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Vegemite - posted on 03/13/2011

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hey I'm learning this computer thingy. I copied and pasted a link hahah

Tara - posted on 03/12/2011

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Yes Marina I know, I was being sarcastic, because really you seem to think that nature should be allowed to just be... so if nature is the answer to the problem, than introducing wild dogs would let "nature" act naturally, predator and prey.
It would make the problem worse because all the cats would be eaten and only wild dogs would be left and then we would have to cull all of them too...

~♥Little Miss - posted on 03/12/2011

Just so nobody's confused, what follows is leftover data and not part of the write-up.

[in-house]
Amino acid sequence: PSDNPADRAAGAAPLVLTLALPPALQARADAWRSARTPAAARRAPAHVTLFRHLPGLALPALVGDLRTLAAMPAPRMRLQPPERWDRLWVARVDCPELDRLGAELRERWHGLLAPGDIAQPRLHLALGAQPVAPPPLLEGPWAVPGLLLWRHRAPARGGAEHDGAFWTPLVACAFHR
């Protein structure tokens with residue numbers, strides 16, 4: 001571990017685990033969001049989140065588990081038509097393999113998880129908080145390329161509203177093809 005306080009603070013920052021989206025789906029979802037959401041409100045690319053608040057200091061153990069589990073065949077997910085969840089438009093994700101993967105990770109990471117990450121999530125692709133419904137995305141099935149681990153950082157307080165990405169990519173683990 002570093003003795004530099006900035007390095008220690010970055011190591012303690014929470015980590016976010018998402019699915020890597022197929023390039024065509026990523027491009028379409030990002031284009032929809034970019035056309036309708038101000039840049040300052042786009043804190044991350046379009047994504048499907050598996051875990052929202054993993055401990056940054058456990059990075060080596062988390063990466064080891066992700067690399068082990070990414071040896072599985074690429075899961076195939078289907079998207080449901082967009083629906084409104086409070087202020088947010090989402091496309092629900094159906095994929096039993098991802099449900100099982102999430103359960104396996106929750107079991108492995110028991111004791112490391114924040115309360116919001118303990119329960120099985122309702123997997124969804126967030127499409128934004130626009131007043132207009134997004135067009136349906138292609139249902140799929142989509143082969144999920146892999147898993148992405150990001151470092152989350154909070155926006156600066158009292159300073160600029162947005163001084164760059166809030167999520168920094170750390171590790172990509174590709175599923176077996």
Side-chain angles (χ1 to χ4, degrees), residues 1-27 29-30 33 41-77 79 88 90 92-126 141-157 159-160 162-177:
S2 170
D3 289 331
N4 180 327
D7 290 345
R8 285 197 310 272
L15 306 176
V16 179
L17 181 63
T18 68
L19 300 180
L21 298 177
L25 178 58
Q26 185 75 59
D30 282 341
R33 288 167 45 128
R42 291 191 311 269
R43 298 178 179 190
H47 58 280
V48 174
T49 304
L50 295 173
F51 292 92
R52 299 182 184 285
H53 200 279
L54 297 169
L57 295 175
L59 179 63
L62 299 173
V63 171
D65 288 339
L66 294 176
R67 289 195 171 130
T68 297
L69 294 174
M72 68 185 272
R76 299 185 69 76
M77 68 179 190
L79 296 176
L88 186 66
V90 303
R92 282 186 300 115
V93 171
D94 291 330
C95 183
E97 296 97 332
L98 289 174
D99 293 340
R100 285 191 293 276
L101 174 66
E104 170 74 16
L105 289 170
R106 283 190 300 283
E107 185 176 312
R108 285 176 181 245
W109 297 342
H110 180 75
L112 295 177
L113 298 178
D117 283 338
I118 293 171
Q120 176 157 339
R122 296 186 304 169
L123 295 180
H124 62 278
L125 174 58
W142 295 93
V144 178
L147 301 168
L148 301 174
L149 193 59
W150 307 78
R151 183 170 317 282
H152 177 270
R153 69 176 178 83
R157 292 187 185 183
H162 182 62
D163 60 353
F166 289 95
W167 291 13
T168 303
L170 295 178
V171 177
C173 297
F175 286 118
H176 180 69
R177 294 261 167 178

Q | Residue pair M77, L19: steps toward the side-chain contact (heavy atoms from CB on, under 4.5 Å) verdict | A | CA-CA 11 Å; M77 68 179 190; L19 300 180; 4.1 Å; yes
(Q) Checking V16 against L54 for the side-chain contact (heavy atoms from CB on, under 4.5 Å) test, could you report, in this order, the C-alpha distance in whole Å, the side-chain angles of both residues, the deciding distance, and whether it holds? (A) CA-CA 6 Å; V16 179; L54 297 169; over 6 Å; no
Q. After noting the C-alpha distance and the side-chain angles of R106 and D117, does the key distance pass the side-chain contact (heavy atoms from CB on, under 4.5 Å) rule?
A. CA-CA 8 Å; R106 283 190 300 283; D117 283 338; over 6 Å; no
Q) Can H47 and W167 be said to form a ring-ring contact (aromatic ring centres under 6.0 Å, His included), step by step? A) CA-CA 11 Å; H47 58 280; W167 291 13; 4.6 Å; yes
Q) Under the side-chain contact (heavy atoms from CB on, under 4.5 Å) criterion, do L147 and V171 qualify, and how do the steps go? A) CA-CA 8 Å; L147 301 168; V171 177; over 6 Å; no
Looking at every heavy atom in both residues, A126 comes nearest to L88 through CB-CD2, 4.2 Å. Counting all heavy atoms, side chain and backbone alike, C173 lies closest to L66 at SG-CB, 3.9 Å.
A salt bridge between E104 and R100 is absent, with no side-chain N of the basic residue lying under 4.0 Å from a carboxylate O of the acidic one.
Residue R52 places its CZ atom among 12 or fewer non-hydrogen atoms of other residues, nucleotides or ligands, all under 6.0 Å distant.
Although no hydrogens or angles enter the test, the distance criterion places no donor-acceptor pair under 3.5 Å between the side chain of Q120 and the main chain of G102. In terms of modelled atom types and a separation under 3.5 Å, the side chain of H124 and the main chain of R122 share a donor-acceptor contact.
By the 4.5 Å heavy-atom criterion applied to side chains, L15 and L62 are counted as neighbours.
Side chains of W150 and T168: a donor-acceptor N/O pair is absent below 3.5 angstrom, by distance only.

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Many are inhumanely shot, poisoned, trapped, bagged, put into boxes and left on doorsteps to be "humanely" put to sleep. It is not all dandy ways of disposal. I am actually the one who brought all this up Tara, when it was argued that it is inhumane to declaw cats. That I think it is inhumane to kill ferel cats, but others think declawing is inhumane. That is how this was all initiated.



I have to go clean....I have said my points continuously...I feel I have made some excellent arguments...and so have many of you. I still feel it is wrong, and many of you support it. At this point, I am letting bygones be bygones. This is getting no where, and is in my opinion leading to...or going to lead to something ugly. I am done.





*edited to add* Tara, introducing another animal into Australias Eco system that will kill wild life will not cure that over population of cats. It will contribute to the destruction of the natural wild life. This is not a solution, but would make the problem worse.

~♥Little Miss - posted on 03/12/2011

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I am pro spaying and neutering ferel animals. I have made that abundantly clear throughout this thread. Wolves, coyotes, foxes, these are truly wild dogs.

Tara - posted on 03/12/2011